Years ago, December was a time for Ed and I to think about New Year’s resolutions. I was in an abusive marriage with him for over twenty years, and he eventually controlled almost every aspect of my life. On the top of the list of things to accomplish during each new year, Ed sought to control my food and weight. You see, Ed is my eating disorder.
Millions of Americans, including those who don’t know Ed, make the same New Year’s resolutions that revolve around food and weight. Some vow to lose that last five or ten pounds while others promise to stick to the newest fad diet. Yet we have all heard time and time again that diets don’t work. In fact, 95 to 98 percent of diets fail, and most who diet end up gaining even more weight back with each successive attempt.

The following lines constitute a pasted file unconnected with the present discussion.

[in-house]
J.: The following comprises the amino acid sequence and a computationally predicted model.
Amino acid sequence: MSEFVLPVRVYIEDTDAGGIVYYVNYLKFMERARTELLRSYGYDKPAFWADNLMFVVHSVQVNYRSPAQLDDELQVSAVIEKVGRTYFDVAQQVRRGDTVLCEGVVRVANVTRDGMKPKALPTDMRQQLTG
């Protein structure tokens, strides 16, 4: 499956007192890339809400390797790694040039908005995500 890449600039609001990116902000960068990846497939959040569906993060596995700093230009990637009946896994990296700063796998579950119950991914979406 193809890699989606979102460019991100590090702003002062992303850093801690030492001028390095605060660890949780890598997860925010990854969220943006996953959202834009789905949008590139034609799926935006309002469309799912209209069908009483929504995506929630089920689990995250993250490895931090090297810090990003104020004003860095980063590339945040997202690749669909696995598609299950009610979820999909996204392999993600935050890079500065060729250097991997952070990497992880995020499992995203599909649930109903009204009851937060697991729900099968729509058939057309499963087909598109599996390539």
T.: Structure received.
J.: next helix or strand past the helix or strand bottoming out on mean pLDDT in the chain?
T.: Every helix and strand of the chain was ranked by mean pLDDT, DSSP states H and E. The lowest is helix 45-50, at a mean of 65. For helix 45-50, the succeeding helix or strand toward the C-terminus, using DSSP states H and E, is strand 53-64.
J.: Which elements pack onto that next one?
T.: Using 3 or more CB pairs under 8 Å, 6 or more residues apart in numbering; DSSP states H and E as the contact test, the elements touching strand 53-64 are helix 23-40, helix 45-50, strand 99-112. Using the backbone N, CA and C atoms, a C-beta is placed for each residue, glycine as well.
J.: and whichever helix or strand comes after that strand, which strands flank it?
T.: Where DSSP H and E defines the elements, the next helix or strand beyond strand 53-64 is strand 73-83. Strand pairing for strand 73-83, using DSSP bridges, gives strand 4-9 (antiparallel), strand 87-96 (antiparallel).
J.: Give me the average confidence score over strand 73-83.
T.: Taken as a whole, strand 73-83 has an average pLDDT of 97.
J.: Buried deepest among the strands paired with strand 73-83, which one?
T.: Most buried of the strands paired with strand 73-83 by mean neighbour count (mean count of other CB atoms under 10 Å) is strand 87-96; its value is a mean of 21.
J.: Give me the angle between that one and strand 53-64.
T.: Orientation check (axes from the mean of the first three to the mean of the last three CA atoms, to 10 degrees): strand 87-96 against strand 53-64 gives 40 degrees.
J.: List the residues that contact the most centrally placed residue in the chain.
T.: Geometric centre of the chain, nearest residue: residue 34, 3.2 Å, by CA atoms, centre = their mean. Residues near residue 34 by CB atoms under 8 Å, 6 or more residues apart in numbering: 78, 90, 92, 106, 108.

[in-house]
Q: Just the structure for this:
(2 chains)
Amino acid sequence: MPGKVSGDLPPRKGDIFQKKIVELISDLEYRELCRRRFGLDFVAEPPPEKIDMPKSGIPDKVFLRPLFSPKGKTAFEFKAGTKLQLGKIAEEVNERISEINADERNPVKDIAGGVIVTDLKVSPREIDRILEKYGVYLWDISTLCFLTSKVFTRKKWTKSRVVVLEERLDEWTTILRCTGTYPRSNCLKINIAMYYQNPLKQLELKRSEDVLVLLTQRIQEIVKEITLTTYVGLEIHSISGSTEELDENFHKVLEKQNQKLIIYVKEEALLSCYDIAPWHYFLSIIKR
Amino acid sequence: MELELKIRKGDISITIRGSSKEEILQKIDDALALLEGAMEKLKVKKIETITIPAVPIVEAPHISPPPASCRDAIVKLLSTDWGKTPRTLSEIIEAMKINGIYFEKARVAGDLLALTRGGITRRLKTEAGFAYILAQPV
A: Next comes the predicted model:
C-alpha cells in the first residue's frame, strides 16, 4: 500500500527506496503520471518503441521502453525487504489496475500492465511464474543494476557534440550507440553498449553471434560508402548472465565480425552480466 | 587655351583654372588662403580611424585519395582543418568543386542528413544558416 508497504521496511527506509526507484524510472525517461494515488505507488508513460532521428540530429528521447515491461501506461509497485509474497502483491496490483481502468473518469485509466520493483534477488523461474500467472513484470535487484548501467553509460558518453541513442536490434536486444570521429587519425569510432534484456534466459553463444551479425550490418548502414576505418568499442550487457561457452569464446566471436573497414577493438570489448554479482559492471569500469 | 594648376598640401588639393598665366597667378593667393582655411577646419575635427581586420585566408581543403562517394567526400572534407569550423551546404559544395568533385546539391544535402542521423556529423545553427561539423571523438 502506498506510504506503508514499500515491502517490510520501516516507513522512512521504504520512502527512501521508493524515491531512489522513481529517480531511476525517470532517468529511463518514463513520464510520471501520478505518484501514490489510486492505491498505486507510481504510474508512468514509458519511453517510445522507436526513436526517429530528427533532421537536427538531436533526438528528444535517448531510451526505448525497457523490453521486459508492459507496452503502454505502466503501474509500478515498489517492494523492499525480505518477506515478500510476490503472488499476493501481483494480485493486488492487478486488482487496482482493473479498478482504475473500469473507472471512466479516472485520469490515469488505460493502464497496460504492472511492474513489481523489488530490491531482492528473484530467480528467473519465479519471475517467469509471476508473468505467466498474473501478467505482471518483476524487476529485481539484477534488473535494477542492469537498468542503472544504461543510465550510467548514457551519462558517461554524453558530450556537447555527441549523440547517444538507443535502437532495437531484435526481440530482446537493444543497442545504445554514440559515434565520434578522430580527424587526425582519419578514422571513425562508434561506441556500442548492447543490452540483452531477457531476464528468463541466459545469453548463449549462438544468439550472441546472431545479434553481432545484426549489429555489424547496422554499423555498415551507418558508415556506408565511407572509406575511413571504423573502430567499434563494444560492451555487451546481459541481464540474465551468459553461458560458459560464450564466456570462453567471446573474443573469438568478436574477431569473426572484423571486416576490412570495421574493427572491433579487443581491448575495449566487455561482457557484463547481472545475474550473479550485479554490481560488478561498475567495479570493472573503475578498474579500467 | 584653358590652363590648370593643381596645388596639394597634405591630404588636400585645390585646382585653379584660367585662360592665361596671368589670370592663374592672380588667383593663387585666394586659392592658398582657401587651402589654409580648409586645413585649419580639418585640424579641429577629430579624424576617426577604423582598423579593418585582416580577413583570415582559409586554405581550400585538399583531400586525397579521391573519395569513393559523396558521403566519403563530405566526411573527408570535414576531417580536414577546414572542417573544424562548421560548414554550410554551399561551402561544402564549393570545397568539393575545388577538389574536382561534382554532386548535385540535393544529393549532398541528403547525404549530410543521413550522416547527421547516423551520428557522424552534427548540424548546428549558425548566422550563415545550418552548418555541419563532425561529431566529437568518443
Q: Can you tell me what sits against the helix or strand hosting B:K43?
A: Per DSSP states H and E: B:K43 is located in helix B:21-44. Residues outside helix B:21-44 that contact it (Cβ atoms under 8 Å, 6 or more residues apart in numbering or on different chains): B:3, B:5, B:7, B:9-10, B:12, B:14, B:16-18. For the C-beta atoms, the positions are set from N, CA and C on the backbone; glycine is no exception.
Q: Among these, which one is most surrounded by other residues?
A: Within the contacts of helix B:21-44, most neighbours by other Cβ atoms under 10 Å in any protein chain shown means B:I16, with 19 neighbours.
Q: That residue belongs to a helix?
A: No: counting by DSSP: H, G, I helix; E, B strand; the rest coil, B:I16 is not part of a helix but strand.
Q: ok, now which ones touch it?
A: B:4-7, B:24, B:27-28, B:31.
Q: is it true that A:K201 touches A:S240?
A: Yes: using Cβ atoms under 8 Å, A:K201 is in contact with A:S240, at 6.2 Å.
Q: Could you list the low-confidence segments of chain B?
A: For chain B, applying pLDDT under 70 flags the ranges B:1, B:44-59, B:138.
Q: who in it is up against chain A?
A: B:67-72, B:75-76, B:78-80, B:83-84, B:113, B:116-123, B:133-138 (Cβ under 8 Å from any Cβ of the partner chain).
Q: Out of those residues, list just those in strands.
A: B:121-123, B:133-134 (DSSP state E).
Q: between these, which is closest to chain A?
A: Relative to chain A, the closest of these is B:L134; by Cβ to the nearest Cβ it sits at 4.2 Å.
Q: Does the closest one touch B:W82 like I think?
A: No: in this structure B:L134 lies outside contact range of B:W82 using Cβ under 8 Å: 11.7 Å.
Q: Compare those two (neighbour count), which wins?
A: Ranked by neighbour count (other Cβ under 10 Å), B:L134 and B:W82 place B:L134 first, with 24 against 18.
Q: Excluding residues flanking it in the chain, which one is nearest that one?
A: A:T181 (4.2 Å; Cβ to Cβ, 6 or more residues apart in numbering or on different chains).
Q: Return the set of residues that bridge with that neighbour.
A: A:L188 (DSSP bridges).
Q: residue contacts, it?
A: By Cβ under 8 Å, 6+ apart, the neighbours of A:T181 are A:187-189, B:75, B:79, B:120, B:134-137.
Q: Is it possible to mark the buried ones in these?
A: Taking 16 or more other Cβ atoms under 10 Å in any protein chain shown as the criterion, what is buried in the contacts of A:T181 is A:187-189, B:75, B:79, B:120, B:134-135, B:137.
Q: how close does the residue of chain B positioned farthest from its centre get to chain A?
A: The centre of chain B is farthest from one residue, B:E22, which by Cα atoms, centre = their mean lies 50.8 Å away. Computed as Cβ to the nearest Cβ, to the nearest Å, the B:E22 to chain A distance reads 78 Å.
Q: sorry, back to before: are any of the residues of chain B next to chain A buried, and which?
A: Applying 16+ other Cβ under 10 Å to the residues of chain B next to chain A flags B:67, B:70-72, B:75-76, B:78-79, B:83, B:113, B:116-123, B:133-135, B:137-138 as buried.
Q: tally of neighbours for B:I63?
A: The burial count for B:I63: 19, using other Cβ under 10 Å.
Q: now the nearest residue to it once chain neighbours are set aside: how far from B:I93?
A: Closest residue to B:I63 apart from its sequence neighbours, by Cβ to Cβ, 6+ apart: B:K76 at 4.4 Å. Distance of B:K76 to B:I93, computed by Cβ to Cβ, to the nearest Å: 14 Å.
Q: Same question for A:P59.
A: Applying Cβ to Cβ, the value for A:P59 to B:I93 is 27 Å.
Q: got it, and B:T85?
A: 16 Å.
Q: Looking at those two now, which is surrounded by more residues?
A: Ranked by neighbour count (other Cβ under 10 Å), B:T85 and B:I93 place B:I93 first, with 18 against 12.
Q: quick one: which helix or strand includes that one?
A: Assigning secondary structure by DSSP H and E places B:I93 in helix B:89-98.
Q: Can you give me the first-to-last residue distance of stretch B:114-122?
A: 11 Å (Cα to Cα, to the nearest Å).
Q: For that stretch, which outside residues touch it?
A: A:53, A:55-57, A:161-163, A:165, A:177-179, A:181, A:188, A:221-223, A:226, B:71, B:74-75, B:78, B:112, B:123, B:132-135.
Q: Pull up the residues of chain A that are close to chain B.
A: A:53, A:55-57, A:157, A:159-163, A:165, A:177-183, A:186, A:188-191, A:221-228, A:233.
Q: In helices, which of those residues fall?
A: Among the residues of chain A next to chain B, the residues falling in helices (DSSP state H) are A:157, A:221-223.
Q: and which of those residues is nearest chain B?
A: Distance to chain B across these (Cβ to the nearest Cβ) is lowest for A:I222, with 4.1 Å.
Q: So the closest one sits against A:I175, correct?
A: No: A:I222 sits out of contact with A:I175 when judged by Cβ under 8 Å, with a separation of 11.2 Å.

We know that diets fail, but we keep dieting anyway. Would we keep dieting if we had even more information?
The truth is that dieting, all too often, takes a deadly turn—into an eating disorder. Don’t get me wrong; an eating disorder is not a diet gone bad. An eating disorder is not a choice; it is a real, life-threatening illness. Indeed, anorexia nervosa has the highest mortality rate of any psychiatric illness.
To read the full post on The Meadows Ranch Blog, click here.